Sean McElwee and the Art of Left Pontification

The 27-year-old, who has drawn the ire of democratic socialists, has a knack for getting attention.

On Wednesday, another profile of Sean McElwee appeared, this time in the prestigious pages of the Atlantic. Largely sympathetic, it portrayed McElwee, the 27-year-old activist and founder of the polling firm Data for Progress, as something of a savvy, democratic socialist apostate, the guy who got famous for popularizing the Abolish Ice hashtag on Twitter and now reprimands leftists for their naivete.

“Over the past year or so, McElwee seems to have reassessed his position in the left-wing firmament,” the Atlantic’s Elaine Godfrey writes. “He no longer talks about eliminating Immigration and Customs Enforcement. Instead, he’s become an evangelist of political persuasion and coalition-building. He’s become much more openly critical of his progressive compatriots. And most shocking to some of those compatriots, he’s advised the Biden campaign.”

McElwee, with nearly 100,000 Twitter followers, is a well-known online presence within political circles. Pre-pandemic, he hosted a weekly happy hour in Manhattan for journalists, operatives, candidates, and the occasional elected official. Kirsten Gillibrand once showed up at his bar. I’ve attended two or three happy hours, once to ask, out of curiosity, McElwee’s position on open borders (supports?), only to receive a muddled, if energetic, answer. McElwee, in his first itineration in the late 2010s—let’s say 2017 to 2018—was something of a progressive man-about-town, a vivid side character for a panoramic Tom Wolfe novel about New York internet leftists, if such a project could ever exist, Wolfe exhumed from the Great Beyond and granted, with some occult magic, another lavish book contract.

McElwee is proof that reinvention is possible in a world where everything lives online forever. Originally a conservative of some sort—he interned for the Reason Foundation and Fox Business Network, though this part is usually hurried through in profiles—he shot to a level of prominence helping to found a reputable polling firm, Data for Progress, that polls policies and races, including the 2020 presidential primaries. It’s never clear if McElwee himself is a data scientist or statistician, like Nate Silver who for all the internet agita he causes is a legitimate leader in his field. The Atlantic isn’t here to clear that up. We don’t learn if McElwee is conducting polls himself or farming out the work to others, serving instead as the greatest hype man any upstart progressive polling firm has ever retained. McElwee is very good at getting the ear of elected officials and advocating for progressive policies. I am not going to dog him for meeting with Joe Biden and pitching the Green New Deal. It can’t hurt, as they say.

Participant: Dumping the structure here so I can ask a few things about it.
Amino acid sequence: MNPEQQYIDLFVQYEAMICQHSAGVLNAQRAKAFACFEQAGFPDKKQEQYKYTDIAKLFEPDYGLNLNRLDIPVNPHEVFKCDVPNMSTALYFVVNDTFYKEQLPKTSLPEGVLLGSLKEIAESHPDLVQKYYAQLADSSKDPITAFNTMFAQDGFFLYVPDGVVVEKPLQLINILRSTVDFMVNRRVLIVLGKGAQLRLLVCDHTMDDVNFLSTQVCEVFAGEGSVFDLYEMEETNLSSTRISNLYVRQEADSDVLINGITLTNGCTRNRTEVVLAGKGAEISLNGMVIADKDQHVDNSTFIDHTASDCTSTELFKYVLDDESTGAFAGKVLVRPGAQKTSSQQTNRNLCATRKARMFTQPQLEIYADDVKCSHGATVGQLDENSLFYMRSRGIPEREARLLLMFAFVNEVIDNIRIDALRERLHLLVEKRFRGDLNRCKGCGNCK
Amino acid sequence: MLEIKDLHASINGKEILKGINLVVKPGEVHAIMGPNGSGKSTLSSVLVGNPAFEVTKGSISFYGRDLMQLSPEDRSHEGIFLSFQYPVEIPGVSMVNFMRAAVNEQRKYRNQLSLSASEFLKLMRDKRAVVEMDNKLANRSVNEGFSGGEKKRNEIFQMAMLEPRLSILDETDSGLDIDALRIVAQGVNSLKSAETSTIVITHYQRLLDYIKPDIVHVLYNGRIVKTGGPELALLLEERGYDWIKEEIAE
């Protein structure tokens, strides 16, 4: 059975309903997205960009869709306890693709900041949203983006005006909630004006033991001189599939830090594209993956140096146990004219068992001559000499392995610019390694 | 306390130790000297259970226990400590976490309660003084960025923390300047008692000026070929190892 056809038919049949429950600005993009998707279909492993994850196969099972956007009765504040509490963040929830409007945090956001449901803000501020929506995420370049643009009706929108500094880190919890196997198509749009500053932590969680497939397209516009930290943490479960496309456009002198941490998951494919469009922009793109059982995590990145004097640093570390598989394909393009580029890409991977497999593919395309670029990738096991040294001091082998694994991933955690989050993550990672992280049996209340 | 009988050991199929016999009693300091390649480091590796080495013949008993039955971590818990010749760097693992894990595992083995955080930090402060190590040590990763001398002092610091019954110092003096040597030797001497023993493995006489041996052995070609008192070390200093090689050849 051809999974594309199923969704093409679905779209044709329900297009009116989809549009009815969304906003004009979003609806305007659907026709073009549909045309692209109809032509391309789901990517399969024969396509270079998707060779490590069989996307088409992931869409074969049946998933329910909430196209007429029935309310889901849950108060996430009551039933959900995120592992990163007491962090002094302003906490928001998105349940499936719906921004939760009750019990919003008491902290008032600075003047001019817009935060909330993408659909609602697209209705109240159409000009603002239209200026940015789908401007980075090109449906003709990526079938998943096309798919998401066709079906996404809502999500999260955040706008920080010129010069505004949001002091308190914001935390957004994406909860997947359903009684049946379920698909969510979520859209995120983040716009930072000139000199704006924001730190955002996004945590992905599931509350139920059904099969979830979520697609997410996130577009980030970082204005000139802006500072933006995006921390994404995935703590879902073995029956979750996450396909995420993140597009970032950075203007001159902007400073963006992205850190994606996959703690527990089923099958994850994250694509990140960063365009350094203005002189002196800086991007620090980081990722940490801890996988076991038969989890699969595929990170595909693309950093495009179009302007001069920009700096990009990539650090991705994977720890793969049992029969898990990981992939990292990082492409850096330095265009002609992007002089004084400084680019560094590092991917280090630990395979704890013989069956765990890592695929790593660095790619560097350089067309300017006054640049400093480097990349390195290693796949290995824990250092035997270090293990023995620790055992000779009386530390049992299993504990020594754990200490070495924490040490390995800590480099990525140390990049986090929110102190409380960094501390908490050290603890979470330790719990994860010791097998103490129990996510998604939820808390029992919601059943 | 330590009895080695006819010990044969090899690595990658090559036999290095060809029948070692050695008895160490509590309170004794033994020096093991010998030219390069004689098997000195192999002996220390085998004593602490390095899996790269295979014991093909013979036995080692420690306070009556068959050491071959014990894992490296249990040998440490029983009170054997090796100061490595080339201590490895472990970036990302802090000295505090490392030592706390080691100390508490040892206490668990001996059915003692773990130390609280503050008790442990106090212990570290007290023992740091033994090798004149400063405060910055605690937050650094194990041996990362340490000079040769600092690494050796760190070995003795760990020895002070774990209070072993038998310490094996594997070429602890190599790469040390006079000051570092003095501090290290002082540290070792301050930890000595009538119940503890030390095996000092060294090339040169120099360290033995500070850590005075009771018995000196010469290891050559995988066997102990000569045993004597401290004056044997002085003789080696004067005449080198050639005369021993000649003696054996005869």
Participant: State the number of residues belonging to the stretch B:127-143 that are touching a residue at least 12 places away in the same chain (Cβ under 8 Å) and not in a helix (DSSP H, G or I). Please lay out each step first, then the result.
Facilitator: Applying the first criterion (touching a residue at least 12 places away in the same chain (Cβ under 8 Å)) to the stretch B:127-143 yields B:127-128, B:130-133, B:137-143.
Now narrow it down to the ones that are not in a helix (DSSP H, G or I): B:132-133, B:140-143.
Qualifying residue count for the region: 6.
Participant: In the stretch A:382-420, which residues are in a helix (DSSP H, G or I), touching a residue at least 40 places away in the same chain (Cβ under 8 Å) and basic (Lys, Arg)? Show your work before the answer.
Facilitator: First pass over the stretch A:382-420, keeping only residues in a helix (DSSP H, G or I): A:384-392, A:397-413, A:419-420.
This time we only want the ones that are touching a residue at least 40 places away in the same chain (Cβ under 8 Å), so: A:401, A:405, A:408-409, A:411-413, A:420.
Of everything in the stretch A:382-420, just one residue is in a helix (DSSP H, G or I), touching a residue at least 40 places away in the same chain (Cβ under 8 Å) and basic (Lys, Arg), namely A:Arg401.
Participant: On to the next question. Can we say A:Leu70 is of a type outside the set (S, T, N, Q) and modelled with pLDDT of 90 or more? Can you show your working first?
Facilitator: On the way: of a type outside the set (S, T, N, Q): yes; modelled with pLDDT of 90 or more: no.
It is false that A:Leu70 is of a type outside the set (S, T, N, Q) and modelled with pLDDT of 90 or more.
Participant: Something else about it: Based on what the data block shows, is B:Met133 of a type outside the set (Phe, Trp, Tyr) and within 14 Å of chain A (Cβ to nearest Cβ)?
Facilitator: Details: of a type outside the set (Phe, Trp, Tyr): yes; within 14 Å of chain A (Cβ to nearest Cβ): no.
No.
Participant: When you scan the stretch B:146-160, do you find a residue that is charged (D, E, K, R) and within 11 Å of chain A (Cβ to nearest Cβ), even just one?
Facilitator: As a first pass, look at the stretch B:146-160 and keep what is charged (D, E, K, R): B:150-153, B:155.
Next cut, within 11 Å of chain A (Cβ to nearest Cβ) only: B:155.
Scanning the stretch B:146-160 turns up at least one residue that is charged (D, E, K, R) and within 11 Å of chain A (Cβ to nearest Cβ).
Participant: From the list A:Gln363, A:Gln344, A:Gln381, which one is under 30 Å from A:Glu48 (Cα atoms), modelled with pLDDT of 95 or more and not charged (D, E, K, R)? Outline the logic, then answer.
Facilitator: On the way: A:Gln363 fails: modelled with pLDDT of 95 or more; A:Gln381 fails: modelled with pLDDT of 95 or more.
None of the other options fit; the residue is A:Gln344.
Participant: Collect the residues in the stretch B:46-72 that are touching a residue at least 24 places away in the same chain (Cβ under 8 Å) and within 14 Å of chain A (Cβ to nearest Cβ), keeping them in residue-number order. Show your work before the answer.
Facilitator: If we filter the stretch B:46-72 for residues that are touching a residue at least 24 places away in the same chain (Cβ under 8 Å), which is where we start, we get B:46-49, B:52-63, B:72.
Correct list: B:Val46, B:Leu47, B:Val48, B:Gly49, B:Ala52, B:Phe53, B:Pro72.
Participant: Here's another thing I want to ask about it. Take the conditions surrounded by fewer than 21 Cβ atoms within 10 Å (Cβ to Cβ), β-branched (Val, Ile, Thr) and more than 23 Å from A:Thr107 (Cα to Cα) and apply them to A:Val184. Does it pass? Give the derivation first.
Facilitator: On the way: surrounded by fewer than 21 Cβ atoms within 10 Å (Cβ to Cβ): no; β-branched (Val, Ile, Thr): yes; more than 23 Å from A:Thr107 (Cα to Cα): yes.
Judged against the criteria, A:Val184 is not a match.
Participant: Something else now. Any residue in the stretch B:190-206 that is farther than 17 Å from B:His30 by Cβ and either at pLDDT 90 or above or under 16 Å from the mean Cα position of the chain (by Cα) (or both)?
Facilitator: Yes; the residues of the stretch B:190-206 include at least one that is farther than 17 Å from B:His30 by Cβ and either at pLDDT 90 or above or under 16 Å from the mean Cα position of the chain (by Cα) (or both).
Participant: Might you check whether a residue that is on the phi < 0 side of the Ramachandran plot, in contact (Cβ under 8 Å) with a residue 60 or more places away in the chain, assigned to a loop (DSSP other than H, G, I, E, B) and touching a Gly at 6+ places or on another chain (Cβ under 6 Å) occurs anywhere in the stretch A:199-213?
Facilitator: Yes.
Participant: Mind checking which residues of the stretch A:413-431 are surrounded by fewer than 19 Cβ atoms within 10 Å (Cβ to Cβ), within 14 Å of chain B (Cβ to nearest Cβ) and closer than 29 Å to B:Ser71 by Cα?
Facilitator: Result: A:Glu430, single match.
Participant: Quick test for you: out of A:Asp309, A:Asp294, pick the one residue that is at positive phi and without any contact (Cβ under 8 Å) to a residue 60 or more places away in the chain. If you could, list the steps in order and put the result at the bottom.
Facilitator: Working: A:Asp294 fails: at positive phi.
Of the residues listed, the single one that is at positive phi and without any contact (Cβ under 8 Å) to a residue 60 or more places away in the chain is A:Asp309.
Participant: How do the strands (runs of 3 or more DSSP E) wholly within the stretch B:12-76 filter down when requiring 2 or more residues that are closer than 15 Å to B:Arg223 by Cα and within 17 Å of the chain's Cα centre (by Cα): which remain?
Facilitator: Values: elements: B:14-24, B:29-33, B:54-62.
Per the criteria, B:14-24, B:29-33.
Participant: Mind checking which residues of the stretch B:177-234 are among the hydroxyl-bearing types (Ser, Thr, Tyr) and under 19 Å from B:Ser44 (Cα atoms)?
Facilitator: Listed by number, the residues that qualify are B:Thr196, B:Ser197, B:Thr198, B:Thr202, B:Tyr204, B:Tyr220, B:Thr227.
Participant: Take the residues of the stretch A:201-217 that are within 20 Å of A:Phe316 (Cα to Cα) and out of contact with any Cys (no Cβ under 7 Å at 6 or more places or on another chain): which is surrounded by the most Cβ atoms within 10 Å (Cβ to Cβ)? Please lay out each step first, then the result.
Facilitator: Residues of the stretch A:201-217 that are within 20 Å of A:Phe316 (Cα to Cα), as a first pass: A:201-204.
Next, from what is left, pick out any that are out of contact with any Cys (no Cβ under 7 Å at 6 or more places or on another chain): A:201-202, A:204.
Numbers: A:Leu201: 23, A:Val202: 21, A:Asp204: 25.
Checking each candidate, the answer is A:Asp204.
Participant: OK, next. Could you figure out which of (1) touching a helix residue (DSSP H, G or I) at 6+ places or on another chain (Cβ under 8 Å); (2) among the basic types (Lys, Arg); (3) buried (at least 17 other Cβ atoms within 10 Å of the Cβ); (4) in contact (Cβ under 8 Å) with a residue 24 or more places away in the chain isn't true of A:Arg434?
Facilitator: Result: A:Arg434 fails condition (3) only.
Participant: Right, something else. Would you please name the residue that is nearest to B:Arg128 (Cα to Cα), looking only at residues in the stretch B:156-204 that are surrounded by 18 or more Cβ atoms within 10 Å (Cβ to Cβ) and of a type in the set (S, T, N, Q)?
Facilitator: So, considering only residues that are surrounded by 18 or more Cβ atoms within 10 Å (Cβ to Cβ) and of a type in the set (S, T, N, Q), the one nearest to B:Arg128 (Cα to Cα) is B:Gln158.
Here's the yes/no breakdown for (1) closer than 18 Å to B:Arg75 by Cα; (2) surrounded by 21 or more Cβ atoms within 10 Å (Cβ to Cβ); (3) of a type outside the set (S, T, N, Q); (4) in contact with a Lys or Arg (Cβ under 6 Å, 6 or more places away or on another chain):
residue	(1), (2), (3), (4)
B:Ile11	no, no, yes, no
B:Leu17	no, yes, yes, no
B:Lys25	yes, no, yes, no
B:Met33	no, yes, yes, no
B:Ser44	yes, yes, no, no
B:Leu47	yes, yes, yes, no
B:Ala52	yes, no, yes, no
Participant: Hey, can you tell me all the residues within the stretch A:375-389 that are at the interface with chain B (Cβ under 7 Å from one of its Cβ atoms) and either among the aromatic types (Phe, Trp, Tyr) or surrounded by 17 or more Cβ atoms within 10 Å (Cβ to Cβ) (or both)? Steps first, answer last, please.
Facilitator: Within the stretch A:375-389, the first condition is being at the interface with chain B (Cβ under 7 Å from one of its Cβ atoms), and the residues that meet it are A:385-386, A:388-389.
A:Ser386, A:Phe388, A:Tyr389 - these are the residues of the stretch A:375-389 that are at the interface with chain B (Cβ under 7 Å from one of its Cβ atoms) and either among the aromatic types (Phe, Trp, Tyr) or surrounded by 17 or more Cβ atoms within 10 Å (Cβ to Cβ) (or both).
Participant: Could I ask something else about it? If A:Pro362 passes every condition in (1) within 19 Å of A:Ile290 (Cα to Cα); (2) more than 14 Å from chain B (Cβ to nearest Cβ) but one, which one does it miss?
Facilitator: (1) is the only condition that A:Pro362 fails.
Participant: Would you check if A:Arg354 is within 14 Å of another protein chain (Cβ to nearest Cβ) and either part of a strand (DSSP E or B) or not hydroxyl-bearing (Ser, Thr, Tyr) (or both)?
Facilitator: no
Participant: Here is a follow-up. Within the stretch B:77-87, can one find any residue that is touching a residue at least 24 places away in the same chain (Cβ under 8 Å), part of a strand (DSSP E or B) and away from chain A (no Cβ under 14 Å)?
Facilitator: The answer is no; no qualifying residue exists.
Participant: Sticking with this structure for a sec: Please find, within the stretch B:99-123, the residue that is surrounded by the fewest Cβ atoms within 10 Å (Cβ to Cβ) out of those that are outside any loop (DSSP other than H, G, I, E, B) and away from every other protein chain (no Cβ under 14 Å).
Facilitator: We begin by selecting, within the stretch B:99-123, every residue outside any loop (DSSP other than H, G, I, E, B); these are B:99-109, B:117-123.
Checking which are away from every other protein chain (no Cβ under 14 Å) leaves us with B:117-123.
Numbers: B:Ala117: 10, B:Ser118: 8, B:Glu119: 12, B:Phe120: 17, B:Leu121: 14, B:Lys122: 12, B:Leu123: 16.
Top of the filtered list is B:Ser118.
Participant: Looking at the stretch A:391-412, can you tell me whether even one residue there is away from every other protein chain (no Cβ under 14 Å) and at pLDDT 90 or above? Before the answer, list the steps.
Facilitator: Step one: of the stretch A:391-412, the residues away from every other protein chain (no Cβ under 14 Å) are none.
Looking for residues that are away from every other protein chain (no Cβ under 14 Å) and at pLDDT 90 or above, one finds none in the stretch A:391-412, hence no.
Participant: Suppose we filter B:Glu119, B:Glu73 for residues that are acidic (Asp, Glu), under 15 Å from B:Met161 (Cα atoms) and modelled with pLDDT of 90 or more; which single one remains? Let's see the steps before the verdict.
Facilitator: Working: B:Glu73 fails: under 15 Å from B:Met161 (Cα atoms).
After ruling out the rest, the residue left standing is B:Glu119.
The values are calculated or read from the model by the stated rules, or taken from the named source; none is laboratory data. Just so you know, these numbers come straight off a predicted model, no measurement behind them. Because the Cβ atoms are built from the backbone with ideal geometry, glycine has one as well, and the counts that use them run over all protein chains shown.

The Atlantic piece sets up a conflict that, at its heart, seems strawman-laden, but one McElwee is happy to elevate to the level of a soul search: leftists should run on more “popular” policies to appeal to everyone, not just other leftists. They should be less factional and inward-facing. They should coalition-build. Godfrey sums it up this way:

McElwee is still adamant that movements should be idealistic. But he has a blueprint for progressive up-and-comers that focuses only on what’s achievable. In short: Left-wing candidates—especially those in tough districts—should run on popular ideas.

In February, Data for Progress distributed a survey to 78,000 Americans of all political persuasions, laying out a series of arguments for and against a set of 50 progressive policies and asking them to rank their support for each. The agenda items that were supported by more than half of respondents included clean water, paid family leave, generic drug licensing, and free two-year college. (Abolishing ICE, meanwhile, ranked among the 10 least popular ideas.)

That polling offers clear lessons, McElwee argues: Instead of a carbon tax, candidates should talk about investing in 100 percent clean energy, an idea that 51 percent of respondents favored. They would do well to campaign heavily on paid family leave, which received 60 percent support. And instead of championing Medicare for All (40 percent support), leftist candidates who need to win over Republicans and moderates should push to expand Medicaid and “motherfuck the pharmaceutical industry.”